Leonard Feather Blindfold Tests

Historic interviews with jazz musicians, recorded by jazz critic Leonard Feather

Contents: Leonard Feather | The Blindfold Tests | A Pivotal Moment in Jazz History | The Blindfold Tests at the University of Idaho | Contributors | Tech

Leonard Feather

Feather was born in London in 1914, and he fell in love with jazz after hearing a 1928 recording of “West End Blues” by Louis Armstrong and his Hot Five. While young, he learned jazz piano and began experimenting with jazz composition.

Leonard Feather, 1970
Leonard Feather, 1970

His journalistic career started shortly after high school and eventually led him to the United States, where his knack for making important connections with major figures in jazz was a crucial component in developing the networks of jazz musicians that allowed him to be successful not only as a journalist, but also as a composer, broadcaster, and publicist.

Beyond his work for American jazz magazines like Metronome and Downbeat, he published important books on jazz history that are still highly regarded today, including an Encyclopedia of Jazz (1960) and Inside Be-Bop (1949).

The Blindfold Tests

Feather first conceived of the Blindfold Tests as a reaction to the biased rankings that appeared in jazz magazines in the 19430s and 40s. In popular jazz magazines of the time, critics and readers regularly ranked what they determined to be the best records and musicians. Feather did not think all musicians were being fairly considered in these rankings: issues like race and gender heavily swayed people’s opinions. He did not trust the public’s opinion (or many of his fellow critics’ opinions, for that matter), nor did he trust that they were fully informed of all possible choices before making their selections.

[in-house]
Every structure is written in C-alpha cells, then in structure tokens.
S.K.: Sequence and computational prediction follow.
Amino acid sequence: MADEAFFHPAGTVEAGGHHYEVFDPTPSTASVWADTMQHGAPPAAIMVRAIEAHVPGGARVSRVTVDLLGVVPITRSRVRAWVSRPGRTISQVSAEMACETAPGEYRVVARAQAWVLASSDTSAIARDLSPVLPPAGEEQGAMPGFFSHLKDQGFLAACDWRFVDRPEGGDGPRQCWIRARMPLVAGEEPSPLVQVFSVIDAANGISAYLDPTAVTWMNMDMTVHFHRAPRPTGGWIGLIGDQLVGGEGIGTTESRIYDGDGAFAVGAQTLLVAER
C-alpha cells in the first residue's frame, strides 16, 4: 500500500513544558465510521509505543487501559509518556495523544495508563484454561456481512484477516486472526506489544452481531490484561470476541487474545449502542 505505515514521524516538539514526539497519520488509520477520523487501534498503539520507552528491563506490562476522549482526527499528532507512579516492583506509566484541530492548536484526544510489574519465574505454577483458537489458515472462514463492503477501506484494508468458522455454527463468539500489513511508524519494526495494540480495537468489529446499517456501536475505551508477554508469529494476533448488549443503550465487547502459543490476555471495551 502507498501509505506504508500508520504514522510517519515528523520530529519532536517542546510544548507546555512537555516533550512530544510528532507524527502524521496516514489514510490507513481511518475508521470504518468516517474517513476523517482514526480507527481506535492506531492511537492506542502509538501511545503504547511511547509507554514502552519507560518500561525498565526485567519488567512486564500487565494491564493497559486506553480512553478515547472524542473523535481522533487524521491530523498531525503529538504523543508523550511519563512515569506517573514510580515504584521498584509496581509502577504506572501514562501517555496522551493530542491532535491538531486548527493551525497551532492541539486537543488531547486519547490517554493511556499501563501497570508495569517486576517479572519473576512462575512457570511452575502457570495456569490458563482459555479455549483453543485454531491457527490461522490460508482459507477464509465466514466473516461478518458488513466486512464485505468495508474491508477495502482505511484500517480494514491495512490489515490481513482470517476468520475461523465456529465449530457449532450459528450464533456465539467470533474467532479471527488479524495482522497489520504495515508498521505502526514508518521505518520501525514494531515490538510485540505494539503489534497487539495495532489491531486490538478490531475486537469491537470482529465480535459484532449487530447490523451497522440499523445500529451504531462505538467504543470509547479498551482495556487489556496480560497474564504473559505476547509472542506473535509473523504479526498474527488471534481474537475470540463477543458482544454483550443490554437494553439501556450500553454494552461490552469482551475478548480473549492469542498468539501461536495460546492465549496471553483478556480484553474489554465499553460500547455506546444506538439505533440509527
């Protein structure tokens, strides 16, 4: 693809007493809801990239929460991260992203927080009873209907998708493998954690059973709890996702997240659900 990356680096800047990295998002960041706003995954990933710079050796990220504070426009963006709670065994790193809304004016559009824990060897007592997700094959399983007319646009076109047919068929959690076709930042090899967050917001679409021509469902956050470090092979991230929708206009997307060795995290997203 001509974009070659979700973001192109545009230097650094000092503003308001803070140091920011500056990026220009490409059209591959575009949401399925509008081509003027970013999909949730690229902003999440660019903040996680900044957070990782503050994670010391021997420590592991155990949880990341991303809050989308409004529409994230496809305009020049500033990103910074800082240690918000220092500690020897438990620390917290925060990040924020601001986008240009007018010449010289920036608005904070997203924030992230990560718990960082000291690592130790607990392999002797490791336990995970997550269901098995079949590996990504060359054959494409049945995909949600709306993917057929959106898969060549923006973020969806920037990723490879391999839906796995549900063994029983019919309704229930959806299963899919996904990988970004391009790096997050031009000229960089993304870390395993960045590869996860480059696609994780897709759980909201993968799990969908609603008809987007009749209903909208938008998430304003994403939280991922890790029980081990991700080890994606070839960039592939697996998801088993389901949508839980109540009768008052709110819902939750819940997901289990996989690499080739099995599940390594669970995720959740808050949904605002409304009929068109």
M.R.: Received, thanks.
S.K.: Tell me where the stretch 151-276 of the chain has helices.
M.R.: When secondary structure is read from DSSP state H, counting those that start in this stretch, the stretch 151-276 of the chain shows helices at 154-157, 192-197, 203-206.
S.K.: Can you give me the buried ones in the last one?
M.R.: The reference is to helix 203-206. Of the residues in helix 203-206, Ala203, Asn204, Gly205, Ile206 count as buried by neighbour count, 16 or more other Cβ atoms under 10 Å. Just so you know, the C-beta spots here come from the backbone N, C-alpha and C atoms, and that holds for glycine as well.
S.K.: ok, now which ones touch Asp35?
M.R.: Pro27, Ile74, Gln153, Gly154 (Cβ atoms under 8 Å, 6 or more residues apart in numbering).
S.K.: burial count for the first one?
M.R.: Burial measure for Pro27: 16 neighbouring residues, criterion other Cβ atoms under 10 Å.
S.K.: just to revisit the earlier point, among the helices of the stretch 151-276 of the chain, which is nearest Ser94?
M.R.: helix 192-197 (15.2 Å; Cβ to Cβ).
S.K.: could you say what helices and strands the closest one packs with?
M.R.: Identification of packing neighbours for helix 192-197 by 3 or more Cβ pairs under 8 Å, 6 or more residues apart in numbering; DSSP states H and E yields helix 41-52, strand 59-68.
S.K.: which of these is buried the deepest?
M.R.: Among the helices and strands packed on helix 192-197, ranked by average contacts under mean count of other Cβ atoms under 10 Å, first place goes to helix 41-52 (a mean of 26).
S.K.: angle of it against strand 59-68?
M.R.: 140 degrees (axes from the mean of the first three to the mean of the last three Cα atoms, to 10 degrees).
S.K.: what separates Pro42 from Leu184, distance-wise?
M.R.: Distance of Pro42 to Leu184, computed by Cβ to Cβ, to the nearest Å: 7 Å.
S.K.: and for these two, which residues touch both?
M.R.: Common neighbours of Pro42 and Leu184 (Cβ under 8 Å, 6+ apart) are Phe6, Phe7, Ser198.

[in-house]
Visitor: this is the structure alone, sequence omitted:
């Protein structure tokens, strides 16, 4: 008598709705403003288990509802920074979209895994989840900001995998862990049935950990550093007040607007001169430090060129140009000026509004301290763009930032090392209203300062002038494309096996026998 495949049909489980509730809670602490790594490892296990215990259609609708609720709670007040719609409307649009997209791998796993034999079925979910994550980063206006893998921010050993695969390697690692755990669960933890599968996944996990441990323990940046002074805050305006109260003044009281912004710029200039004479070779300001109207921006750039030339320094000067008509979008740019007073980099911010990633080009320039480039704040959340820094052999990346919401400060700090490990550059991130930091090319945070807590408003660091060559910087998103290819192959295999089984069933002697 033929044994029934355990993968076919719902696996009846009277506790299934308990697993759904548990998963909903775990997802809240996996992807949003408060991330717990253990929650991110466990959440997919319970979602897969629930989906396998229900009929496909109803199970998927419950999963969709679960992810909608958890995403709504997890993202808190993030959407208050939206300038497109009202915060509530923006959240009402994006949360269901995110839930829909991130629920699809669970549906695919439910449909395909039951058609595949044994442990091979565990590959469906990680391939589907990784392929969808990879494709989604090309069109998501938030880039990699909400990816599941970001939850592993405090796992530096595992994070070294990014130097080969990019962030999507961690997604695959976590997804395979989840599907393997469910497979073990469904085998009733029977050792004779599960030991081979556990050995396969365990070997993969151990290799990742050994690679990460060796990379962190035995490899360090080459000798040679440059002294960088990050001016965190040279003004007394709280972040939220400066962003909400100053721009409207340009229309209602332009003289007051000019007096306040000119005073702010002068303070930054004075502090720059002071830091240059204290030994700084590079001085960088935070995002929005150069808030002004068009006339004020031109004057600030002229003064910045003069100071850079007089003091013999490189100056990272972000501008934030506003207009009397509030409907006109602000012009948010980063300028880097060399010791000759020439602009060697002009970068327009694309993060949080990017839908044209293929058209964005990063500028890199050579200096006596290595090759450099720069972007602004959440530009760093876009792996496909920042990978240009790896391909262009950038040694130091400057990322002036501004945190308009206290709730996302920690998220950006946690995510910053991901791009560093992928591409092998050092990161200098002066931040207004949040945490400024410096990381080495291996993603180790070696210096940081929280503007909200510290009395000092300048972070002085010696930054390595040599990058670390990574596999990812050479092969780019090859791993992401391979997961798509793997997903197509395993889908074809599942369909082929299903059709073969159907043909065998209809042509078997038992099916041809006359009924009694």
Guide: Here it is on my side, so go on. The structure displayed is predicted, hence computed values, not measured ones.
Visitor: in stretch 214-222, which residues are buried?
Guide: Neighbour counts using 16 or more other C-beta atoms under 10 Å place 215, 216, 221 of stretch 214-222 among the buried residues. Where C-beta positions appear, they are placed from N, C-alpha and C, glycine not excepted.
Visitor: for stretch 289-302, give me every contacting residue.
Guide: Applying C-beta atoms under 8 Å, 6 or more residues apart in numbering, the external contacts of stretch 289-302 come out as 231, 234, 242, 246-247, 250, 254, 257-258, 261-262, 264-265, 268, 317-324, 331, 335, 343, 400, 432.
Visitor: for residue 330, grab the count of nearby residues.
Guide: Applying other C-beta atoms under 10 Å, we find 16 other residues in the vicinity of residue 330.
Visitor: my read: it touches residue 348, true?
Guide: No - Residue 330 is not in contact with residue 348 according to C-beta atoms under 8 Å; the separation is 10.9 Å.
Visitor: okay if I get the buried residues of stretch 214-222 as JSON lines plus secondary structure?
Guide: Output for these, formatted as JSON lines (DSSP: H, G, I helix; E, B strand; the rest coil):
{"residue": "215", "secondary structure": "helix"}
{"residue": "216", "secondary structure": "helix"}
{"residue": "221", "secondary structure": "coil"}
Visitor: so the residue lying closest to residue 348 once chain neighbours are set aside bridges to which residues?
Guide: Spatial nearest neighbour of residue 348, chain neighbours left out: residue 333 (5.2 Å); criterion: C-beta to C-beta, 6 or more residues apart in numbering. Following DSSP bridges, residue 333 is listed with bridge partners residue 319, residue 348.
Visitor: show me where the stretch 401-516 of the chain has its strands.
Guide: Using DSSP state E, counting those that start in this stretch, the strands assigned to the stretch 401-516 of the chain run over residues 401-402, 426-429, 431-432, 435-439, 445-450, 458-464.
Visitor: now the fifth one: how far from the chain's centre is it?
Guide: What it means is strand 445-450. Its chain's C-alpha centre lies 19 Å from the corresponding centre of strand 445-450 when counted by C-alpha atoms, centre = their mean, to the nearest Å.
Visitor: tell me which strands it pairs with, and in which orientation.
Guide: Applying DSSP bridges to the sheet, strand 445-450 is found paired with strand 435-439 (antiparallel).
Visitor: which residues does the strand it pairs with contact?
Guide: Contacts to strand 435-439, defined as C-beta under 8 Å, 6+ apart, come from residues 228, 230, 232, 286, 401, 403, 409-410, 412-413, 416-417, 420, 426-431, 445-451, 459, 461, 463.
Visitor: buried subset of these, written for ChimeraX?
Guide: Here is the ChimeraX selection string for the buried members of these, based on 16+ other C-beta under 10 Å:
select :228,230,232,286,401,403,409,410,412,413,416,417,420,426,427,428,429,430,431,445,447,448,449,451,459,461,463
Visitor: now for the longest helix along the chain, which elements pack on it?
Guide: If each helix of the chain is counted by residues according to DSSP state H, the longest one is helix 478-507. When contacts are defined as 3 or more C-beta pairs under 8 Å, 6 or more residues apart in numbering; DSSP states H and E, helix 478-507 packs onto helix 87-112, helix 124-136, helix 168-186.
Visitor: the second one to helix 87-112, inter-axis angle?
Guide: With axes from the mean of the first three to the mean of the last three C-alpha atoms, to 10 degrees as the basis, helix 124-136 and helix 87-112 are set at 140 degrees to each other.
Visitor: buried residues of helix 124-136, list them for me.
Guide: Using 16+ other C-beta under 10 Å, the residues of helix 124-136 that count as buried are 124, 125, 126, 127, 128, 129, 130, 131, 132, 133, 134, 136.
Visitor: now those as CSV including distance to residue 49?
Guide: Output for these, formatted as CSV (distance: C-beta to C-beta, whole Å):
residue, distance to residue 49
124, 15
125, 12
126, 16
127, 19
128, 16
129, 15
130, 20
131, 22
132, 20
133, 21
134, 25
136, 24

Feather decided that the solution to this problem was that the music should be judged by experts. And in his opinion, the experts were not critics like himself or the public, but the very musicians who were creating the music.

Leonard Feather with Max Roach, 1975
Leonard Feather with Max Roach, 1975

And so the idea for the Blindfold Test was born, and its classic formula would remain consistent across multiple publication venues for almost fifty years. The design was simple: Feather would play several selections for a “blindfolded” jazz musician, who was not shown the record or given any information about the song that was played. The musician would listen to the piece, then give Feather their guess as to who was playing. Feather also wanted musicians to talk about the style of the selections, and to give them a quality score of one to five. In these discussions, musicians voiced their opinions about recordings, the jazz art form, and the practice of being a professional jazz musician.